Bag lunch concert shines

Members of the Starling String Quartet look on as their colleagues perform Gambaro’s Quatour Concertant. (credit: Jonathan Carreon/Photo Editor) Members of the Starling String Quartet look on as their colleagues perform Gambaro’s Quatour Concertant. (credit: Jonathan Carreon/Photo Editor)

There’s something about free classical music on a cold day that warms the heart and feeds the soul, and that’s exactly what the School of Music did on Tuesday with its chamber music concert.

No one said a word as the concert began, which somehow seemed appropriate. The lack of chatter allowed listeners to put the spoken word to rest for a few minutes and concentrate on nothing but the sweet notes of ageless classics.

The concert, which featured three quartets, was nothing less than perfection. The opening piece, Quatuor Concertant, composed by Vincenzo Gambaro, was a woodwind quartet composed of master’s student in French horn performance Jackie Perez, master’s student in bassoon performance Hyunwook Bae, sophomore flute performance major Michal Zeleny, and master’s student in clarinet performance Charlotte Kies.

Zeleny’s playing was energetic yet controlled, and served as the group’s glue, for the second movement especially. With sharp, crisp notes, the flute’s lead was fluid and strong. Later in the piece, the clarinet and bassoon took over this melody in a charming duet that was wholesome and calming, contributing to the overall impression of the first piece.

In the middle was Mozart, and where there’s Wolfgang Amadeus, there’s never disappointment. Master’s student in violin performance John Kruer, senior violin performance major Kashi Elliot, master’s viola performance major Sooyi Kang, and master’s cello performance major Sarah Lee presented String Quartet No. 15 in D Minor.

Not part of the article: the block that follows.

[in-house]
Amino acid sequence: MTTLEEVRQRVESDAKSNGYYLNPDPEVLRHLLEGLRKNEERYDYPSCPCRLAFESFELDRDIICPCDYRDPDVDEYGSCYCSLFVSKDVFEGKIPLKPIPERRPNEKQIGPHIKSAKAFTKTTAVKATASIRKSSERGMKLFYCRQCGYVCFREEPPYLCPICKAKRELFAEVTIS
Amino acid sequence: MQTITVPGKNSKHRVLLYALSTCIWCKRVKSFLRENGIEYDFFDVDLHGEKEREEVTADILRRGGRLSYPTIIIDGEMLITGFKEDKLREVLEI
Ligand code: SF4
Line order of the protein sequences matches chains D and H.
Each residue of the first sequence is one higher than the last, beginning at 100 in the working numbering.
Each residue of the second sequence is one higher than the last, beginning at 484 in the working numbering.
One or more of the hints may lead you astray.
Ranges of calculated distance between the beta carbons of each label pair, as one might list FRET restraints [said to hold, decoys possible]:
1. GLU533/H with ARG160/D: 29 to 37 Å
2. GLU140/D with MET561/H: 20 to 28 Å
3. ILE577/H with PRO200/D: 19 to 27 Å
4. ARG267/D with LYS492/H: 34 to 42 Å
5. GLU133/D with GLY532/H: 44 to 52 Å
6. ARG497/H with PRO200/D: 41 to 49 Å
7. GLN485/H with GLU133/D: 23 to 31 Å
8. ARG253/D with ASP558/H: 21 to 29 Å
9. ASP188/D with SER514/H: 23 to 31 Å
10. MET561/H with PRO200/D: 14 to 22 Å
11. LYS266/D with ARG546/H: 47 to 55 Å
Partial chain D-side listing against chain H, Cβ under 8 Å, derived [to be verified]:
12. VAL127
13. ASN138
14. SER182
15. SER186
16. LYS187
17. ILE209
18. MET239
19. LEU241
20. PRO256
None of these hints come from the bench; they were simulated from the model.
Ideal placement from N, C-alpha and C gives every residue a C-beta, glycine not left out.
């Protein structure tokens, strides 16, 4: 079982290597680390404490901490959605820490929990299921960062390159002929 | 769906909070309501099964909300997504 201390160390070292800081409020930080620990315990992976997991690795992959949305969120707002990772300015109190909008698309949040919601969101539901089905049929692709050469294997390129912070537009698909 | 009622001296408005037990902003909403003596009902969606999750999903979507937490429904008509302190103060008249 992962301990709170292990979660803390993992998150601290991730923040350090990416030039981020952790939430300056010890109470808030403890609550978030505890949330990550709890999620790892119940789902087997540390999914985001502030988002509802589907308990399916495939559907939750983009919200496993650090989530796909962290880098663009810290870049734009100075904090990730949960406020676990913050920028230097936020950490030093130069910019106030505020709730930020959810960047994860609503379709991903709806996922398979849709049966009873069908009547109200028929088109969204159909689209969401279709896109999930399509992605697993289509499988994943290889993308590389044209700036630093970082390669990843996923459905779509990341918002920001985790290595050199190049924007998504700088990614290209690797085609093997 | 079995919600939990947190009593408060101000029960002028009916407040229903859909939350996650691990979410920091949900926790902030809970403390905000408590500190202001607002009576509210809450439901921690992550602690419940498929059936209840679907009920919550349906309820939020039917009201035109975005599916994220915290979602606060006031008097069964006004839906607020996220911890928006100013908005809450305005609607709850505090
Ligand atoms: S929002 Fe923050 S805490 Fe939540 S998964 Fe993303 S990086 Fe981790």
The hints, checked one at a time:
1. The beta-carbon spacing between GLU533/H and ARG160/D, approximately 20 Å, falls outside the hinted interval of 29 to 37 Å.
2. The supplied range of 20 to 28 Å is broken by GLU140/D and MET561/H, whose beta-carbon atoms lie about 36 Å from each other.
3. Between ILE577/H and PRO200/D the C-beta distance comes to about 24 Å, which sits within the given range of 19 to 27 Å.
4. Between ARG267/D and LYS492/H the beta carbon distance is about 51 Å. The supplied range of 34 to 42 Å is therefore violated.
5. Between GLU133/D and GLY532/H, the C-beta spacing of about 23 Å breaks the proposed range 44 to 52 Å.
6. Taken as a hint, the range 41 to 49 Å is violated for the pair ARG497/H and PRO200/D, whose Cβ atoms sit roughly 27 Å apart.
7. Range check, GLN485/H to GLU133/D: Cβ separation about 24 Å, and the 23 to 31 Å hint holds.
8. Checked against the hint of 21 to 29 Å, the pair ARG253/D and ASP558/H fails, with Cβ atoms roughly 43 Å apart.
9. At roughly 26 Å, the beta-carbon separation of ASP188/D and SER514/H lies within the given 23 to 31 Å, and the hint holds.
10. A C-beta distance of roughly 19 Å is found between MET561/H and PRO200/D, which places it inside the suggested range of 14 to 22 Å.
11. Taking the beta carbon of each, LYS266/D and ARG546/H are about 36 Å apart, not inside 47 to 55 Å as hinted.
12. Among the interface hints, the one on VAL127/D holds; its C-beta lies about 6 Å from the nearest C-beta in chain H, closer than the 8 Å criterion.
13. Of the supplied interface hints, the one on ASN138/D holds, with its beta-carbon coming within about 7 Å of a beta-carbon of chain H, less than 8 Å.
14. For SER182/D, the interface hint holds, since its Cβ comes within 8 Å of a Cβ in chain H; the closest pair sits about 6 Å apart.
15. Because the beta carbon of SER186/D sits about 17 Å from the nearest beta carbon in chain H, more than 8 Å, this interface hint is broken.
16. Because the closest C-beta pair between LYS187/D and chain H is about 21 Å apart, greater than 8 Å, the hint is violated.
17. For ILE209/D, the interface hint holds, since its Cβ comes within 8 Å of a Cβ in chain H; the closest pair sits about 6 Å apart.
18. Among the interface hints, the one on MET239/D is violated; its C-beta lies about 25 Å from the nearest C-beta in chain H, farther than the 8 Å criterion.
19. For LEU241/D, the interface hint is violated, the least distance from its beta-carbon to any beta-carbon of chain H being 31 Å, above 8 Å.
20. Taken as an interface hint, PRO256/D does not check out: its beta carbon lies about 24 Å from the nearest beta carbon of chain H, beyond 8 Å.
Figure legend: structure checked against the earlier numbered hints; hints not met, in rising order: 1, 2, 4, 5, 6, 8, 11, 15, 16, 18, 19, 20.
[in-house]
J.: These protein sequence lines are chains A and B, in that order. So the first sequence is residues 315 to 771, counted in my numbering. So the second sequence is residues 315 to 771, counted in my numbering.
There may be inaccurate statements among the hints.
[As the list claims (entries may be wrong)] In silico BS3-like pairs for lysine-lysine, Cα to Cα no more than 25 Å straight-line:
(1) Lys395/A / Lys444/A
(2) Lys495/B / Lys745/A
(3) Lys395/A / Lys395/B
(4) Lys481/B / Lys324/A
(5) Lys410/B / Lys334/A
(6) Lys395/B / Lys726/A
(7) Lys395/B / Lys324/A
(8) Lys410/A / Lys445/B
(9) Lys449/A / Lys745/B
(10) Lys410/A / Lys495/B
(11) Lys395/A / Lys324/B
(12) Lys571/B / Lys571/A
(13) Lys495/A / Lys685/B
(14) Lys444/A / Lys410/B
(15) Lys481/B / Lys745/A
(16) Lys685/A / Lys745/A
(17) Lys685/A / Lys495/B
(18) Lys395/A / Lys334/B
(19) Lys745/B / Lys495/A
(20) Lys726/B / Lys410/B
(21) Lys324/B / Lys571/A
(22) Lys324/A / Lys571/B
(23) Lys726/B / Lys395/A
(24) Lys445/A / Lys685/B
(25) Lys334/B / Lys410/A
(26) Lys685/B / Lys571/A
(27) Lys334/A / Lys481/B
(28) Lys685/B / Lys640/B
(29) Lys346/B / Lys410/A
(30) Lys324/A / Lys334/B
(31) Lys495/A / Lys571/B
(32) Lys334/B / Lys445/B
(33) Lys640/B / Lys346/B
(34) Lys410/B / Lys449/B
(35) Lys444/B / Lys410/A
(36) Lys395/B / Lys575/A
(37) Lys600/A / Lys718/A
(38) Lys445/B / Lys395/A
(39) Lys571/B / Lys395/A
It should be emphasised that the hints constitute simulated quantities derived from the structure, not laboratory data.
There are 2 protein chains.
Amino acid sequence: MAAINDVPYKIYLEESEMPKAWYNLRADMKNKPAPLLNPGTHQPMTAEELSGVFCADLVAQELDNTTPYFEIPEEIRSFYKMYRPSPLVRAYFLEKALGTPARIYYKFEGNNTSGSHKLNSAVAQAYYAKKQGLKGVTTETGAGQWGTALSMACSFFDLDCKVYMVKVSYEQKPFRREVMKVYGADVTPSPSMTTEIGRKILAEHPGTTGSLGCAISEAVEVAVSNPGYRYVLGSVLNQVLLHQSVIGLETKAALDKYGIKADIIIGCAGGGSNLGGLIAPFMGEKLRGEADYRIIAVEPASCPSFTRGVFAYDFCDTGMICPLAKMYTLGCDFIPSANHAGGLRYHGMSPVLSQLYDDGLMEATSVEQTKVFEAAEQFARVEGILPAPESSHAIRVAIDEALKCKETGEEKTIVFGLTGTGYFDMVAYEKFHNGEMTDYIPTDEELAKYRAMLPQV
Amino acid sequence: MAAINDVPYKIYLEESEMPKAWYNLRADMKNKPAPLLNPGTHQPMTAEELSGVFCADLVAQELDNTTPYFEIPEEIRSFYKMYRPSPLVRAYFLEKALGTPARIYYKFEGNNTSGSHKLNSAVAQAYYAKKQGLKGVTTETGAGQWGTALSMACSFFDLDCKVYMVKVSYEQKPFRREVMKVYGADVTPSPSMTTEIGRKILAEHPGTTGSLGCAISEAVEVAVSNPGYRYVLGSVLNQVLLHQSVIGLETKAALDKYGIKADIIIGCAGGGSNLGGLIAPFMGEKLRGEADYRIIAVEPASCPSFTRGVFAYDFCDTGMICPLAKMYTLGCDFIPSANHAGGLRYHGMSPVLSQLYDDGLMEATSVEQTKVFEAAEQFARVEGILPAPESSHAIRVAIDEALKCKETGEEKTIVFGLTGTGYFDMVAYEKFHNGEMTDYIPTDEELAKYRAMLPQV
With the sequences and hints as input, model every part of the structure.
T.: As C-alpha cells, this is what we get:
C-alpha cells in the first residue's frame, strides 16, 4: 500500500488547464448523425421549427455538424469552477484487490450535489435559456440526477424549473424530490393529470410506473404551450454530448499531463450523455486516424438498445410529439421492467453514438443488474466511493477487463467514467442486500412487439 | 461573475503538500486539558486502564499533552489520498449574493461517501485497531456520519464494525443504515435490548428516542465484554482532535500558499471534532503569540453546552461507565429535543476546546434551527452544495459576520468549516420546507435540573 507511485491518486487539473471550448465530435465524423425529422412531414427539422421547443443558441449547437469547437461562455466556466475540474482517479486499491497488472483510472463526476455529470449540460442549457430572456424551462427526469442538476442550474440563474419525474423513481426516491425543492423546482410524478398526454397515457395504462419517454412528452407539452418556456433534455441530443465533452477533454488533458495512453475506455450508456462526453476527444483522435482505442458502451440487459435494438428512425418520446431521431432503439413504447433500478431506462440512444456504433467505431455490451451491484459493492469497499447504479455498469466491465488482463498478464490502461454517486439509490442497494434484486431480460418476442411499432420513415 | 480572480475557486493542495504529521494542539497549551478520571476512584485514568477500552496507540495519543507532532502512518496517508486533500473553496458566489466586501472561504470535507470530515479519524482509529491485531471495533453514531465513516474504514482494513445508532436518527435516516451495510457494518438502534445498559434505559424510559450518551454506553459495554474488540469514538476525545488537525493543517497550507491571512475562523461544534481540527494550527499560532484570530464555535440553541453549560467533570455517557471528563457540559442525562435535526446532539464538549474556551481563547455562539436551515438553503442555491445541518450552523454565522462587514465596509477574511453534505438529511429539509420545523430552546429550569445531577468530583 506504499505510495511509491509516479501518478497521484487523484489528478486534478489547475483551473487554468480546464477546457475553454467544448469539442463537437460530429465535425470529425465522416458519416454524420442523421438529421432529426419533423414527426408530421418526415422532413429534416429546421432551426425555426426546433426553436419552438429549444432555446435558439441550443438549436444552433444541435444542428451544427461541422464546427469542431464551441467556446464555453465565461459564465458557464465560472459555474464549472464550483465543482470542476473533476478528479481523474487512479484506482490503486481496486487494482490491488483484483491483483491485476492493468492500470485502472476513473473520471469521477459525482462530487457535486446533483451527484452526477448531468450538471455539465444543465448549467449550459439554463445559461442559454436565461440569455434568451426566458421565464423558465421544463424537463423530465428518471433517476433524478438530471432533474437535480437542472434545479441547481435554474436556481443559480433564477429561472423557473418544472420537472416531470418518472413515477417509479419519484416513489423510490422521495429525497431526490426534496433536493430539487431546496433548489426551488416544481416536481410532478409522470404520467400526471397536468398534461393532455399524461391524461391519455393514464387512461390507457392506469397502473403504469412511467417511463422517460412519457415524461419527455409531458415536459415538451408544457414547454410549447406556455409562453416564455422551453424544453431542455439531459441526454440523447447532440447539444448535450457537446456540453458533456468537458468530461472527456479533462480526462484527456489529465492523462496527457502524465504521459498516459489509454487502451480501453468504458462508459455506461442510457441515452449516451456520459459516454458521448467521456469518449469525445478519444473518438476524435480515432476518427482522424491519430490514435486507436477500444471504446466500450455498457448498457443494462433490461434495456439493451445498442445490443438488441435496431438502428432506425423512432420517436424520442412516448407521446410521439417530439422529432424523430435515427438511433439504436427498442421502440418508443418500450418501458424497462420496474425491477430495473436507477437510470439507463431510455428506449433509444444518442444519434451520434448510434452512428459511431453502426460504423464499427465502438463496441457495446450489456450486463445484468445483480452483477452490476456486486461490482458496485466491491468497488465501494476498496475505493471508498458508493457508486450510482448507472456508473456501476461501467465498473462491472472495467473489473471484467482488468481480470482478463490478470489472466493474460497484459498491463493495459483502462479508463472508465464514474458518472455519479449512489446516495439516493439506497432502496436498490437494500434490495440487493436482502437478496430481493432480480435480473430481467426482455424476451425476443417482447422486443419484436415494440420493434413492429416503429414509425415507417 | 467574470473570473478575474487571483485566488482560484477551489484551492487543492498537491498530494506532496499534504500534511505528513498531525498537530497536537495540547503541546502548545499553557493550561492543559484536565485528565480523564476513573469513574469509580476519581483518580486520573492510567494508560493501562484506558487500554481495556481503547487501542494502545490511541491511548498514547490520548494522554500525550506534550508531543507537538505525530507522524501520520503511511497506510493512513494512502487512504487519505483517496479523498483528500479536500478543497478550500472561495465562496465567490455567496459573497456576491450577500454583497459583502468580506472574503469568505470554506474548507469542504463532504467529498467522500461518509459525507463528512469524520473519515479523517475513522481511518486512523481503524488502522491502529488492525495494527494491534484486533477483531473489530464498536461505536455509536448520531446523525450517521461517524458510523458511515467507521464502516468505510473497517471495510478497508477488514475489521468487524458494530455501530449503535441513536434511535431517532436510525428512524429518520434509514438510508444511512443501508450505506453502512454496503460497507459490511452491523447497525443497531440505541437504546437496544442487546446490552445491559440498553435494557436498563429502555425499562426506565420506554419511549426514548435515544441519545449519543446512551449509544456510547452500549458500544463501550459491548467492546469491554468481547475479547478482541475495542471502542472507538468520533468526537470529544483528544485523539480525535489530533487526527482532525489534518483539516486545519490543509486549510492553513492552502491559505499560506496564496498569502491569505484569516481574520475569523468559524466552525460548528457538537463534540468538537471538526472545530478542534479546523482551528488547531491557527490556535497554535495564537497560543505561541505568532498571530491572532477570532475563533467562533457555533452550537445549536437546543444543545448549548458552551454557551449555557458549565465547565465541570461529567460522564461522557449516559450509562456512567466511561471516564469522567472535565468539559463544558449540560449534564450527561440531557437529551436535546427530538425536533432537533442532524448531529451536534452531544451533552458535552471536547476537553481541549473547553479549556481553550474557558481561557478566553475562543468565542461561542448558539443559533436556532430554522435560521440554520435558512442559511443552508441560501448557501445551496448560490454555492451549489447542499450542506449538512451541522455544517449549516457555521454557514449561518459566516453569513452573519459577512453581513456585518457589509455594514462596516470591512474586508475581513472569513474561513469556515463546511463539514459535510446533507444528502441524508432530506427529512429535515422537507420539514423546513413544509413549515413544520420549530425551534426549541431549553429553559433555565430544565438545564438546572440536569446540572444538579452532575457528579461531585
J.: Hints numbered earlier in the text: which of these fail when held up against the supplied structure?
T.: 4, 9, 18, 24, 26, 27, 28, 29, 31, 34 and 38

The quartet may as well have been dancing on their instruments. The piece was wonderfully Wolfgang, with magnificent crescendos at all the right points. It featured balanced tones and voices, blending for a perfectly paced Allegro and a full-bodied orchestral sound from just four instruments mastered by some serious players.

The best piece, Joseph Haydn’s Op. 76 No. 5 in D major, was performed last by the Starling String Quartet. The piece was a surprise, spirited enough to surpass the Mozart that preceded it. The performers — Artist’s Certificate student in violin performance Erica Richardson, senior violin performance major Erica Hudson, Artist’s Certificate student in viola performance Ai-Wen Thian, and Marlene Ballena, a cello player in the Performance Residency Program — possessed a true synchronous energy, moving, playing, and even seeming to breathe as one.

The “Allegretto” first movement was bright, flowery, and cheerful, rising and soaring without ever seeming to come down from its ecstatic heights. Even the slower second movement still had an undeniable pulse of energy — albeit more relaxed and full — and featured unexpected viola and cello solos that were powerfully executed.

The final movement, “Finale Presto,” was the crème de la crème. From the striking first note through the runs of musical harmony that positively cavorted through the rest of the movement, the piece was purely stunning. The entire movement was energetic, upbeat, and inspiring: a perfect end to a perfect concert.

The massively unattended concert, which took place in McConomy Auditorium, redefined the phrase “intimate affair”: There were fewer than five people in the audience. This is a tragic example of how the relaxing power of classical music is underestimated today. Classical music is often regarded as aged and outdated, when in actuality, it’s as relevant and culturally enriching as it was during the century in which it was written.

Next time there’s a chill in the air, wander over to the School of Music and let the magic begin.